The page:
Haiti 2010 © François Servranckx/MSF
Amid stepped-up efforts to stabilize Haiti’s confirmed cholera epidemic, Doctors Without Borders/Médecins Sans Frontières (MSF) continues to provide assistance to populations in remote areas of the country.
“I was admitted to the hospital because of diarrhea and vomiting," explains Joséphine, a woman in her fifties, as she tries to sit up in her bed in the hospital of Gros Morne, not far from the city of Gonaïves. “When I first arrived, I could not talk or stay upright. Now, I feel better.”
In this Ministry of Health facility—a nondescript building with a shaded courtyard—MSF teams provide support and expertise in terms of medical care, sanitation, and hygiene. This collaboration has proved effective. Managing a cholera response is a new experience for the hospital staff, and for the patients as well. “I’m afraid that my seven children will catch the disease, and I can no longer tend to my fields,” Joséphine says while speaking to another sick woman in the adjacent bed.
Many people in Haiti lack the means to reach medical facilities, which limits access to care. Both Joséphine and the women in the next bed are from a neighborhood known as Château. Members of this community have to walk for several hours to reach the hospital. Some residents cannot afford to pay for transportation even in the event of an emergency. Joséphine could, fortunately. “I had to pay the taxi moto 150 gourdes ($4) to get here,” she says, but "it took other patients a half-day to be transported here, lying on their bed.”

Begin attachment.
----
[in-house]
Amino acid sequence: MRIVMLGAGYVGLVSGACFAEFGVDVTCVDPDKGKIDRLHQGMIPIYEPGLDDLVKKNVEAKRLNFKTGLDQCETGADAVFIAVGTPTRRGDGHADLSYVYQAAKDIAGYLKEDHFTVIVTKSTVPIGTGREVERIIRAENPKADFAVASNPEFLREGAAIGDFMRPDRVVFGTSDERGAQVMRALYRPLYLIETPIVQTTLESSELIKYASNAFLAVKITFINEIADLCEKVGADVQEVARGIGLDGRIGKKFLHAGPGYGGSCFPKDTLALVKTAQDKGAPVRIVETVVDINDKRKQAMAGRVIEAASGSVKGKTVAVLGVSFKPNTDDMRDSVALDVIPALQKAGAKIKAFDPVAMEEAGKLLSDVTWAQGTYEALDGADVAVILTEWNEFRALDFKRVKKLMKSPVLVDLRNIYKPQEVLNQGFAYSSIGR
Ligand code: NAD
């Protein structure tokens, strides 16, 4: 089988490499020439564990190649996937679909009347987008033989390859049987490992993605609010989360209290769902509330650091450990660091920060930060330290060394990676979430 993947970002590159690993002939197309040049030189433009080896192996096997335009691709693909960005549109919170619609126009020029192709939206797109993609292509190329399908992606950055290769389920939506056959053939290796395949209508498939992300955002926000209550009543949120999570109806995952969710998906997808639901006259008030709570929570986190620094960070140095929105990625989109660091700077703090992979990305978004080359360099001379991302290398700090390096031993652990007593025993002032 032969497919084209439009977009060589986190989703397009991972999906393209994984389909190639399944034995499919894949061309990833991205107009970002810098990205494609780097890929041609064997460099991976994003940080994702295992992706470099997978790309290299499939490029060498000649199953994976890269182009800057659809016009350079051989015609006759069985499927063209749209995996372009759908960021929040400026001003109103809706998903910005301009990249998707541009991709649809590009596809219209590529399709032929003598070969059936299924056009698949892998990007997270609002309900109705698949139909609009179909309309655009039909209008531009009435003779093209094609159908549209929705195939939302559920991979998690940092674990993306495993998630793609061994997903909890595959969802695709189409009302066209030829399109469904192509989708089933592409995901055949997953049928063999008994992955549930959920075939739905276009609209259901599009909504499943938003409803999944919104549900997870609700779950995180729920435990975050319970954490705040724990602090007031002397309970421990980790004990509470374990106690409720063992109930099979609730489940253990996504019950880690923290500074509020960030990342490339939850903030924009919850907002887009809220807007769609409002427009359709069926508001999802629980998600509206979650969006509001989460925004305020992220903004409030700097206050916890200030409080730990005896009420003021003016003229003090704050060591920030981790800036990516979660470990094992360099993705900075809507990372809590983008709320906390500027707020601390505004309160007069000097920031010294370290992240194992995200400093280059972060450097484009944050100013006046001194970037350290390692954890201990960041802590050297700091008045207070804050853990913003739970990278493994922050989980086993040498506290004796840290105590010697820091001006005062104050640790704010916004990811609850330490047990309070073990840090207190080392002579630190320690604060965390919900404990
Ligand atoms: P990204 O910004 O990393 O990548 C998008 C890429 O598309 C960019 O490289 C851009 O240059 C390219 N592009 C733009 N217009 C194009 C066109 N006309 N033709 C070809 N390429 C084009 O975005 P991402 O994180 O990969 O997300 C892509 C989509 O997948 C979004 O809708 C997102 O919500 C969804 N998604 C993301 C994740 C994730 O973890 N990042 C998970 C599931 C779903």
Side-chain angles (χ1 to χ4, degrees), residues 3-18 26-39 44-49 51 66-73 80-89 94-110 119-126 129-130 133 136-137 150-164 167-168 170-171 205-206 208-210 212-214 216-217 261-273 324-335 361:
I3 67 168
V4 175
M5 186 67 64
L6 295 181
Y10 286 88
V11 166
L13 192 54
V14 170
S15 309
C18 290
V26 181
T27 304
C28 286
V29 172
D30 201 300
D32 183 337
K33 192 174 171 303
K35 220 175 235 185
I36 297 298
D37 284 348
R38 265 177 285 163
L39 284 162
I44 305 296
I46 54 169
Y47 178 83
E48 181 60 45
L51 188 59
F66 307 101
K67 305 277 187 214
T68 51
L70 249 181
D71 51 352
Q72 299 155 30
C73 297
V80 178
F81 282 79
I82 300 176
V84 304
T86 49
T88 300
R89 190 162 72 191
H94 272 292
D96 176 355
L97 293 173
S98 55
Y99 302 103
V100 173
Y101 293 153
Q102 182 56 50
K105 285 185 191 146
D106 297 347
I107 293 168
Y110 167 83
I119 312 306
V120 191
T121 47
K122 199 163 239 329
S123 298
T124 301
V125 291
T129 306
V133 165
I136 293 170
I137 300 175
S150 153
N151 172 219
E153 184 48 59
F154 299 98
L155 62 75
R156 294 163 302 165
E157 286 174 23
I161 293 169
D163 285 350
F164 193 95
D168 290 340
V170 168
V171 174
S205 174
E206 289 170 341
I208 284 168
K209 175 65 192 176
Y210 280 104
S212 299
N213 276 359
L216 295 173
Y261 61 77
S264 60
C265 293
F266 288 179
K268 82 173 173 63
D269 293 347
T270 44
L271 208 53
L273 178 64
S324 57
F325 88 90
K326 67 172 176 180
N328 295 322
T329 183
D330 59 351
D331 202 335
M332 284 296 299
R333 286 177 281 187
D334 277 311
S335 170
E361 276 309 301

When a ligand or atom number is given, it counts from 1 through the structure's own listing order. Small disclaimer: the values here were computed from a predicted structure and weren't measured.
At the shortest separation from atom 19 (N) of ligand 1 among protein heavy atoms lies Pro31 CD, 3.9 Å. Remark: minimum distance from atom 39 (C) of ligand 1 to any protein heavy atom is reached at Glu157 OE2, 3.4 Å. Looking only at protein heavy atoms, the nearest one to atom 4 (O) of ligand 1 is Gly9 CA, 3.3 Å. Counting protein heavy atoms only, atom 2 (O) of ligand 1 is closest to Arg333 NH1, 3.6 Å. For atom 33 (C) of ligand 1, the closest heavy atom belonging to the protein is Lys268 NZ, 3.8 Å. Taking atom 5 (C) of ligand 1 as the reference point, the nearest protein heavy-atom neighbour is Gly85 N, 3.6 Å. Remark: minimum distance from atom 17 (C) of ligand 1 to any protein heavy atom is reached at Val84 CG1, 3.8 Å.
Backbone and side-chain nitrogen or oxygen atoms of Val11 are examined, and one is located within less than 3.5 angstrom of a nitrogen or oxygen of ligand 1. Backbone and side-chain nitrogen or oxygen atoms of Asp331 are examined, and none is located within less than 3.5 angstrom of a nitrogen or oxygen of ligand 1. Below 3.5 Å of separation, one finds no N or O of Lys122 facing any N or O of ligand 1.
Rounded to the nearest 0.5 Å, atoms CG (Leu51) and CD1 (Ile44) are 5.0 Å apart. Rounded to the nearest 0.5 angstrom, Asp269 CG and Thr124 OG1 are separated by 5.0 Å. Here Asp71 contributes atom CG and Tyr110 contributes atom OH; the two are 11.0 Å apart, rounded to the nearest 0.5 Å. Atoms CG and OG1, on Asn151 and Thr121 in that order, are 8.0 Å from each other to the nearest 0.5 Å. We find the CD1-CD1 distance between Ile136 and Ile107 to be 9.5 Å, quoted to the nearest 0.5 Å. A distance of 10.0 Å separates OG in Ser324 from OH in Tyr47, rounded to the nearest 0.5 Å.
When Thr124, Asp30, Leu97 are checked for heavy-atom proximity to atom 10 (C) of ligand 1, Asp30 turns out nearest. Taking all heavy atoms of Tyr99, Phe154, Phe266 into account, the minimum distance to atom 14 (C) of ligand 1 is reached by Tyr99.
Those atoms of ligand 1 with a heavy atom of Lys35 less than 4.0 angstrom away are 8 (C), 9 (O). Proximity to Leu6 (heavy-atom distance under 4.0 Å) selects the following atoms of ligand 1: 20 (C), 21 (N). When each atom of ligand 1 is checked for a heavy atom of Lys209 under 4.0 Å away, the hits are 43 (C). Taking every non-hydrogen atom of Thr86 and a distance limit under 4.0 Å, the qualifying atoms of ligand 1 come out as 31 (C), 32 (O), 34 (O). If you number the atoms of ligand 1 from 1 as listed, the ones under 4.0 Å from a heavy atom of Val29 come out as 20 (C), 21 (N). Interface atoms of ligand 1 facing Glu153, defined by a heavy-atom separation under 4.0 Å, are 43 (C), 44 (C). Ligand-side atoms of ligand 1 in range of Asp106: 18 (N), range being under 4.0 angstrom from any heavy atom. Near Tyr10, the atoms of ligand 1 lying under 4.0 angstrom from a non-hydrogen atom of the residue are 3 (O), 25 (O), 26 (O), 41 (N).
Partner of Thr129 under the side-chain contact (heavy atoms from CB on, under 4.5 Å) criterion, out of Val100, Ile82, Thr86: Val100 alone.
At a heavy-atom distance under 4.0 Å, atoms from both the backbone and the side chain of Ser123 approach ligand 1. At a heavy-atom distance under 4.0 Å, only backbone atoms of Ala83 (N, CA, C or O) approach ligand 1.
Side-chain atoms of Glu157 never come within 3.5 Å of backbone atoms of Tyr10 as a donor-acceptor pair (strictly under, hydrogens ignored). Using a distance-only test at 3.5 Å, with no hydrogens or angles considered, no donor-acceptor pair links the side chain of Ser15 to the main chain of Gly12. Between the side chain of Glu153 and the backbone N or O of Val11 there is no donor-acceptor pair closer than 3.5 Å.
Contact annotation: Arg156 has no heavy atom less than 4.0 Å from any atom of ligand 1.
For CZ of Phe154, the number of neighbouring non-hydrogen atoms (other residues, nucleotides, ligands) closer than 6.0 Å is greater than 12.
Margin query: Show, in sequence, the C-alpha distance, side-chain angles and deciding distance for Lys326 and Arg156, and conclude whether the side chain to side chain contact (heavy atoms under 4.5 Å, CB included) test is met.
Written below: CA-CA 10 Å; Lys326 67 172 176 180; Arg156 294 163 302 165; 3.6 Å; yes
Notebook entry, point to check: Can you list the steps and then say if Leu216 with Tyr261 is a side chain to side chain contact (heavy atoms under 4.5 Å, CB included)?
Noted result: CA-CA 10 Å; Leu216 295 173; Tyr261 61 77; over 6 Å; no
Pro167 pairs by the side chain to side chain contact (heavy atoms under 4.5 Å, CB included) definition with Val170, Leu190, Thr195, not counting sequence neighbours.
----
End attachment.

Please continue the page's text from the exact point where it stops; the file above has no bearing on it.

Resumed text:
In the districts adjacent to the Gros Morne Hospital, MSF is providing sanitation assistance to health facilities. To bolster health clinics elsewhere in outlying areas in the north and center of the country, MSF is supplying IV solution, oral rehydration salts, IV sets, and hygiene materials. Supplies have also been provided to the hospital in the northern town of Port de Paix, and MSF is preparing cholera treatment centers in Gonaïves and Bassin Bleu.